22 years ago, Michael E. Gerber wrote a best-selling business book called, The E-Myth: Why Most Businesses Don’t Work and What to Do About It. The book made the assertion that most small businesses fail because they are run by a “Technician,” someone who knows how to do the technical work involved in the job, but lacks the tangible business skills required to run the business effectively.
Since the E-Myth (Entrepreneurial Myth) was first identified, the landscape of technology and business has dramatically changed. While some of the guidelines in Gerber’s book may be considered outdated today, the distinction he made between “Working in the business” vs. “Working on the business” remains highly relevant. In fact, this distinction has never been more apparent than it is today.
Working Both IN and ON the Business
Before we get into the importance of working both in and on the business, let me explain the distinction between the two terms:
- Working IN the business: Support the end users to get their tasks done. In IT, we would essentially categorize this as break/fix work.
- Working ON the business: Supporting the business by executing on strategy. Typically, the three drivers for working on the business are: 1) Increase revenue 2) Reduce cost 3) Reduce risk.
As anyone in IT will tell you, the “working IN the business” (i.e. the break/fix tasks) tends to consume a large majority of our time. As technology continues to grow in complexity, IT leaders are feeling over-extended by the increasing demands just to keep the lights on, let alone find time to proactively focus on strategic solutions for a more profitable future.
In the past, IT professionals in mid-market businesses had capacity to work both in the business and on the business. However, the diversity of skills required, the need for real-time expertise, and the acceleration in the deployment of new solutions has made the traditional IT service model alone insufficient to support the businesses today. In the digital age, if your IT service model is no longer advancing your business, it’s not just a point of frustration, it’s a serious threat the survival the company.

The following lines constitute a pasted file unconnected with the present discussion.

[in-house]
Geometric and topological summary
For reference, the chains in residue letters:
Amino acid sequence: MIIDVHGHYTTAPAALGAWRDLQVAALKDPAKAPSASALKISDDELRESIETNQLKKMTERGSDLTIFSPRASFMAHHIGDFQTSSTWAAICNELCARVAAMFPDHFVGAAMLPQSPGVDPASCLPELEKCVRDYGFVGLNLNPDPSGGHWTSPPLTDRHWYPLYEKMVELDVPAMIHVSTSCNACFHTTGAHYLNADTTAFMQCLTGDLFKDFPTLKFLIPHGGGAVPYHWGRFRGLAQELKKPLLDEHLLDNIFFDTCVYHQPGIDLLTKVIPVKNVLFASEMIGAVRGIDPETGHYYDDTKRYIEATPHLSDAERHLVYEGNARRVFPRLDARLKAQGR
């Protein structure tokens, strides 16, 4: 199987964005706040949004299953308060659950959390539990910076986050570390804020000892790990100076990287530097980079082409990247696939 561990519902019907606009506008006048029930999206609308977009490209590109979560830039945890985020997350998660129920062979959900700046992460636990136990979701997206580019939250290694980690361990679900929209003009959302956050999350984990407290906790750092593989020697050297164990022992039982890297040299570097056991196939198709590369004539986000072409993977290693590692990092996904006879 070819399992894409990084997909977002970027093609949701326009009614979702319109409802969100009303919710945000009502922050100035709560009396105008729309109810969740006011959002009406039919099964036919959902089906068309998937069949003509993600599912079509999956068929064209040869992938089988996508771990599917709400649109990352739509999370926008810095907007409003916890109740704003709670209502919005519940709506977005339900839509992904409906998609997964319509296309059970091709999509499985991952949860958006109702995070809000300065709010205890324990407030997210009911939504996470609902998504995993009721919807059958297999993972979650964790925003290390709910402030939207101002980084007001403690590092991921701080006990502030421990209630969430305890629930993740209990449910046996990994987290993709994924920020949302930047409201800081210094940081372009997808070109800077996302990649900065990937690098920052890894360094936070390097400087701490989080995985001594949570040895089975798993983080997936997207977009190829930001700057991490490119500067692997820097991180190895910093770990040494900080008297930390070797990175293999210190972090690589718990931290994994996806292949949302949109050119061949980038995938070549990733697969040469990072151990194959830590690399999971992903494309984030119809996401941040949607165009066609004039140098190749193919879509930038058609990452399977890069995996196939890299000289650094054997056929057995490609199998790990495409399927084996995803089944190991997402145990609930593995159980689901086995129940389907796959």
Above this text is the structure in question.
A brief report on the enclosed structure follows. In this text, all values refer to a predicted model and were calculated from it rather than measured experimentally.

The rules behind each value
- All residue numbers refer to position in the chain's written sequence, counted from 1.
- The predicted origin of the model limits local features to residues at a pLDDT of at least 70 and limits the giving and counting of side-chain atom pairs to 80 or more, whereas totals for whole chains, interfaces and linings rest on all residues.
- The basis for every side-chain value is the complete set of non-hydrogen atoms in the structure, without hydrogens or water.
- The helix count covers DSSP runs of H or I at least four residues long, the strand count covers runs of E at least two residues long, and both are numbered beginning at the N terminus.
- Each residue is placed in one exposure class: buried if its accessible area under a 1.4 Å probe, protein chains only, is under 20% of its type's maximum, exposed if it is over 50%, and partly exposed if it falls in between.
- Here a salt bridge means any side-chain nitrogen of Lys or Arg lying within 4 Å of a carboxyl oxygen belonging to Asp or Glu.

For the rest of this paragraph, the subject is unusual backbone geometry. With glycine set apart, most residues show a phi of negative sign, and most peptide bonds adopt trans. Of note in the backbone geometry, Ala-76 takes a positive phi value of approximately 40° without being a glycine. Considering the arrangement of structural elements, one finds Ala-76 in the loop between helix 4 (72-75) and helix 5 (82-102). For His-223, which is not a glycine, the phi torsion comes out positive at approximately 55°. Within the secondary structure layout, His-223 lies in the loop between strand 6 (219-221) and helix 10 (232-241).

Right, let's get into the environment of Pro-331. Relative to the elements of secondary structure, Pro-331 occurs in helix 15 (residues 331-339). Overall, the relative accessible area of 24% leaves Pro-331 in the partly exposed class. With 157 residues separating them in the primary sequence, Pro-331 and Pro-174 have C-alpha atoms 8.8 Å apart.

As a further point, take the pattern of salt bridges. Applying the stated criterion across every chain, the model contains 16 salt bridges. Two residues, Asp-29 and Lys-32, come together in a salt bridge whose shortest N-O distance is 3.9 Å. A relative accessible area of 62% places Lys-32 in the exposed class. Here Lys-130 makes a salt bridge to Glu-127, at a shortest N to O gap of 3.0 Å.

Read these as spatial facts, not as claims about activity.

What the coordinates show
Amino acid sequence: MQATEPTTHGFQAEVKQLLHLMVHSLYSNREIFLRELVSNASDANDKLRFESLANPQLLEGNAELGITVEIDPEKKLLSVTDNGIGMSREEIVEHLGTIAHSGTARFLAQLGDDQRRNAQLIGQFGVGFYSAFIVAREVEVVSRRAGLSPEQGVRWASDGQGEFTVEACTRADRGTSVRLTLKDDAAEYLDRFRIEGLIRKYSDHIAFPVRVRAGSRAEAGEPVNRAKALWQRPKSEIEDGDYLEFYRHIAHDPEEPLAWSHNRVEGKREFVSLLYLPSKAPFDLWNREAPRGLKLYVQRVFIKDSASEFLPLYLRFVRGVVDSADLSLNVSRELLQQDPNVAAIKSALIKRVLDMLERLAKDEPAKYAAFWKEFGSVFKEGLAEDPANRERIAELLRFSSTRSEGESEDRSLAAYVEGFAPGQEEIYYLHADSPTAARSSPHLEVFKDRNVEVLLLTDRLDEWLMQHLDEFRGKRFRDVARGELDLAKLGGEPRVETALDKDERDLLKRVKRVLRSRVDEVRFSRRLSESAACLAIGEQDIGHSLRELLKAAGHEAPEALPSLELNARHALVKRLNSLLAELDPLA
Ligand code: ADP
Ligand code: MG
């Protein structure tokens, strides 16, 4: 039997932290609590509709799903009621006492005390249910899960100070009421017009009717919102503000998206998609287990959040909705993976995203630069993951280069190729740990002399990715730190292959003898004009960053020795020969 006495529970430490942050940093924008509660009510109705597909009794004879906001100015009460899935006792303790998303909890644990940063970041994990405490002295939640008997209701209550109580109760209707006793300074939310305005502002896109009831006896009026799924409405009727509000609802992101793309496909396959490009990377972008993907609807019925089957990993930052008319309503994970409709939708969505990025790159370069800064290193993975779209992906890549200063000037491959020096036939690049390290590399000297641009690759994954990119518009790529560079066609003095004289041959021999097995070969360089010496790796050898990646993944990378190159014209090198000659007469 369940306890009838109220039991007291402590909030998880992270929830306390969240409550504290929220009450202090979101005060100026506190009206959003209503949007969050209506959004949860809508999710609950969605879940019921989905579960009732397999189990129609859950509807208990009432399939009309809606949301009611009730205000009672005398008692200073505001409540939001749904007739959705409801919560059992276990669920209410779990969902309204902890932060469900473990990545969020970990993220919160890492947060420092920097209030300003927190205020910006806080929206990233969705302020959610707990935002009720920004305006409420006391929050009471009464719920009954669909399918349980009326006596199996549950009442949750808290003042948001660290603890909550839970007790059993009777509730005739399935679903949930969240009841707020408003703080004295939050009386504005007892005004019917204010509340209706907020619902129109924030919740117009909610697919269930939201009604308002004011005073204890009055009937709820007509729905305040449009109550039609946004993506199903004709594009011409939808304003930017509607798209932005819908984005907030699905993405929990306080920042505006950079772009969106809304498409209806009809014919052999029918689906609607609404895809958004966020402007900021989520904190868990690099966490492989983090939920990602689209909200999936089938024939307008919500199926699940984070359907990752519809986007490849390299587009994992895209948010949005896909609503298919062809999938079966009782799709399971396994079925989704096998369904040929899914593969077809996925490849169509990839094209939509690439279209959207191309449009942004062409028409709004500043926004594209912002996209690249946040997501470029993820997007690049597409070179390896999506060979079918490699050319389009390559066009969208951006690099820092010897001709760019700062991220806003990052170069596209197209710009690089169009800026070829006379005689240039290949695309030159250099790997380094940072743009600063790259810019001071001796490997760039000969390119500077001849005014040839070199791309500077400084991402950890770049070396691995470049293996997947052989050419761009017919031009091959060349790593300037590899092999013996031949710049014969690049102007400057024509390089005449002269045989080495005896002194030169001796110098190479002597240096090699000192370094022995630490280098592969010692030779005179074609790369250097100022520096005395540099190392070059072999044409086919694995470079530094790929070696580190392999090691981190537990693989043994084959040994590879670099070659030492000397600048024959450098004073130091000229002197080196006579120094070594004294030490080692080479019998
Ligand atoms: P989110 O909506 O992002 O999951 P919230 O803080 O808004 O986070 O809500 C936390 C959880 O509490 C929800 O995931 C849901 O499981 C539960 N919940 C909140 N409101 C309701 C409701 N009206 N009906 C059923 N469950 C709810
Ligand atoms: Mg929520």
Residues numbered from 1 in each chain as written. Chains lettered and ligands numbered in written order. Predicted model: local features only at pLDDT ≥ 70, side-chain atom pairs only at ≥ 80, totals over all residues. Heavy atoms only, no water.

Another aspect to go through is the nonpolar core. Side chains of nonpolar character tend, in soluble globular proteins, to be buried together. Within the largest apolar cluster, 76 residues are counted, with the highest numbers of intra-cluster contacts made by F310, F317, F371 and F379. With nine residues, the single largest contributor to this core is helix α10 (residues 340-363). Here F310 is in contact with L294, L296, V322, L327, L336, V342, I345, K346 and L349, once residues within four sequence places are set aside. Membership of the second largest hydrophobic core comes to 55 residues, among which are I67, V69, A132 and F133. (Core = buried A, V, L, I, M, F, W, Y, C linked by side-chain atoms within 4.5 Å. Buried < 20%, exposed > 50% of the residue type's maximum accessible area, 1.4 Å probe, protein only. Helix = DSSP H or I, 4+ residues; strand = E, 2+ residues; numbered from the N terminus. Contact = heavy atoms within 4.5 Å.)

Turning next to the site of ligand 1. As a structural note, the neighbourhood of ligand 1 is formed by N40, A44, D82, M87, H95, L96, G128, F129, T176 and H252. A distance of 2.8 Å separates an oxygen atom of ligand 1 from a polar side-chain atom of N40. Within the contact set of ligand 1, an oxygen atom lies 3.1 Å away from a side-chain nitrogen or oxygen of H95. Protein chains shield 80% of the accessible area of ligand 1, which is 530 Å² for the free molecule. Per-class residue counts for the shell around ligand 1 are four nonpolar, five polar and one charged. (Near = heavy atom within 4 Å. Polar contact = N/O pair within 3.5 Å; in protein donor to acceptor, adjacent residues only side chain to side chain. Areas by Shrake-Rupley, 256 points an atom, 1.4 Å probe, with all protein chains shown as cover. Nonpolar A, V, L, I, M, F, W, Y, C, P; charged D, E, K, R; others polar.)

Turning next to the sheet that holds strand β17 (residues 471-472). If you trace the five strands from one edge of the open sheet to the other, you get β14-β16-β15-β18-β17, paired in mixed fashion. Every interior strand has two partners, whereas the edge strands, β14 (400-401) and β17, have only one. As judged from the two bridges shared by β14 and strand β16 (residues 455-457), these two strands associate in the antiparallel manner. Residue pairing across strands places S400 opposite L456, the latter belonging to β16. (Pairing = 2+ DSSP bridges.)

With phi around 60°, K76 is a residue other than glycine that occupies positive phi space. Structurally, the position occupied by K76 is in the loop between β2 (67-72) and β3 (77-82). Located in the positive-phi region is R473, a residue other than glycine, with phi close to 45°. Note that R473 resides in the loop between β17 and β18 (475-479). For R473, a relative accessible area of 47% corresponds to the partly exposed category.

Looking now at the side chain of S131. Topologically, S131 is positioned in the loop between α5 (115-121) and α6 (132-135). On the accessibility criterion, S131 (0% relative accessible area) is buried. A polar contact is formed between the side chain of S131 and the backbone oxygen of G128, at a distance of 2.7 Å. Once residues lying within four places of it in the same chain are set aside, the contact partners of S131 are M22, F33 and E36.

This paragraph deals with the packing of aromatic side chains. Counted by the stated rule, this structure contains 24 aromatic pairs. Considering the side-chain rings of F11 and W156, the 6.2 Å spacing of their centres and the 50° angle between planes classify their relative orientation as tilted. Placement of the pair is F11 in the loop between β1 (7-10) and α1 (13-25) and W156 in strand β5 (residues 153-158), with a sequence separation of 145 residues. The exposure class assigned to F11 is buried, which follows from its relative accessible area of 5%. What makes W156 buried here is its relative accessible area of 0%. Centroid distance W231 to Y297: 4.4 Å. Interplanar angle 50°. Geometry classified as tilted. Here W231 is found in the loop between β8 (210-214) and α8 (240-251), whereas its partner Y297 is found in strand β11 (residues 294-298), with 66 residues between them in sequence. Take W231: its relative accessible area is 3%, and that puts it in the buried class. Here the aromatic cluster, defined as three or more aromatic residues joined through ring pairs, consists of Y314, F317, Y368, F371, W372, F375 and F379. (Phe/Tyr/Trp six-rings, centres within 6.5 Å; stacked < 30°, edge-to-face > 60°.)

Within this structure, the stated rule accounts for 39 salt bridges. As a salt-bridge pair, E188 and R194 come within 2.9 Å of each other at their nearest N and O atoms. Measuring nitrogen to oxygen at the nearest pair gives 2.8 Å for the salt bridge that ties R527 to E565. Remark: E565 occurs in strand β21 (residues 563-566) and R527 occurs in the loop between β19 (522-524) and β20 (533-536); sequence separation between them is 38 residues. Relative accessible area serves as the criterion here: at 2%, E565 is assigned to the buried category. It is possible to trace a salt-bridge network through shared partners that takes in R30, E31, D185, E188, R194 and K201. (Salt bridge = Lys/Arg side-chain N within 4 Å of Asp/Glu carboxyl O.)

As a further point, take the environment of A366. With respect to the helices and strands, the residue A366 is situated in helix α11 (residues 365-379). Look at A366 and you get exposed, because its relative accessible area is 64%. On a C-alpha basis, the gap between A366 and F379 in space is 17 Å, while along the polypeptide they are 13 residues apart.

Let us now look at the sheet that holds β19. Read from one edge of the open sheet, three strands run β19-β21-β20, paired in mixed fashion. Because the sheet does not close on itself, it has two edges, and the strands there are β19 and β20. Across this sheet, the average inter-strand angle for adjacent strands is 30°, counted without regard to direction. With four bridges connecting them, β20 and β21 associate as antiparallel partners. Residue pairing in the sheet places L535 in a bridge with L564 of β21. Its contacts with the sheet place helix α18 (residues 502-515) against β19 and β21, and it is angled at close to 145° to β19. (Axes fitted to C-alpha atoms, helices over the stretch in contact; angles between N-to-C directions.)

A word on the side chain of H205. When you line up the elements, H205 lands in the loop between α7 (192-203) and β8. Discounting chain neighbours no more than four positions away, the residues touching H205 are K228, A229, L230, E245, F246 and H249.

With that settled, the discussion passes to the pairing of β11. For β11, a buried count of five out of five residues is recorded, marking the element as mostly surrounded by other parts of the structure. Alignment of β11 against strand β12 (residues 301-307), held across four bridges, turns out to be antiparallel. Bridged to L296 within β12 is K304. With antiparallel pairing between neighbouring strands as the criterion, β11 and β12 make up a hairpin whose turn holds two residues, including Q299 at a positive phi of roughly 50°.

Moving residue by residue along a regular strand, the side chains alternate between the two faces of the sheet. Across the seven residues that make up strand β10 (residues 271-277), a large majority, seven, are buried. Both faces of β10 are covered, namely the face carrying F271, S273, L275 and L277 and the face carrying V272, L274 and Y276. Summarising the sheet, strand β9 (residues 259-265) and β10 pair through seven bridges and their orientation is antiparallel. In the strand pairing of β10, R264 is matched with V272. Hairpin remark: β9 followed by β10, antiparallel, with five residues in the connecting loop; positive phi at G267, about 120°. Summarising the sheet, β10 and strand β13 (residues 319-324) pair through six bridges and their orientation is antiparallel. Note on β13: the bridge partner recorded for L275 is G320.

Do you have all the IT resourced needed to survive in the digital age? Find out by taking our online IT Readiness Evaluation.
“Shifting Left” to Support the Business
To keep pace with business demands on IT, IT organizations need to “shift left.” What this means is they need to move the break/fix work to a trusted managed services partner. In doing so, they open up space to focus more on the value-added initiatives that drive the business forward.
Solving this problem will allow mid-market businesses the ability to better compete, innovate, and differentiation themselves in a technology driven marketplace. Instead of being a cost center, IT needs to be a business enabler.
While some would argue augmenting an internal IT team with an outsourced provider will increase cost, the overall return on investment ends up being much higher for several reasons:
- Specialized skills are required, but you’ll be paying a premium to hire these skillsets in-house when you only need them a fraction of the time.
- If your in-house IT is getting burnt out fighting fires, you’re missing out on a huge opportunity to leverage technology to innovate and drive greater revenue for the company.
- Interruption to some or all of the team during the execution of strategy means initiatives are slowed, delayed, or poorly executed – leading to revenue loss and a very frustrated end-user.
Technology is not slowing down, nor is the demand for a knowledgeable and experienced IT managed services provider. Companies should look for a partner who can evolve and adapt with them to deliver top-level recommendations. BDO Digital's award-winning Managed Services team can help organizations develop cost-effective, flexible support options right-sized to fit their needs.
Backed by a team of ITIL-certified subject matter experts, BDO Digital's customized solutions can provide fully outsourced IT services, or complement existing internal teams by “shifting left” to keep up with the business demands in today’s modern workplace.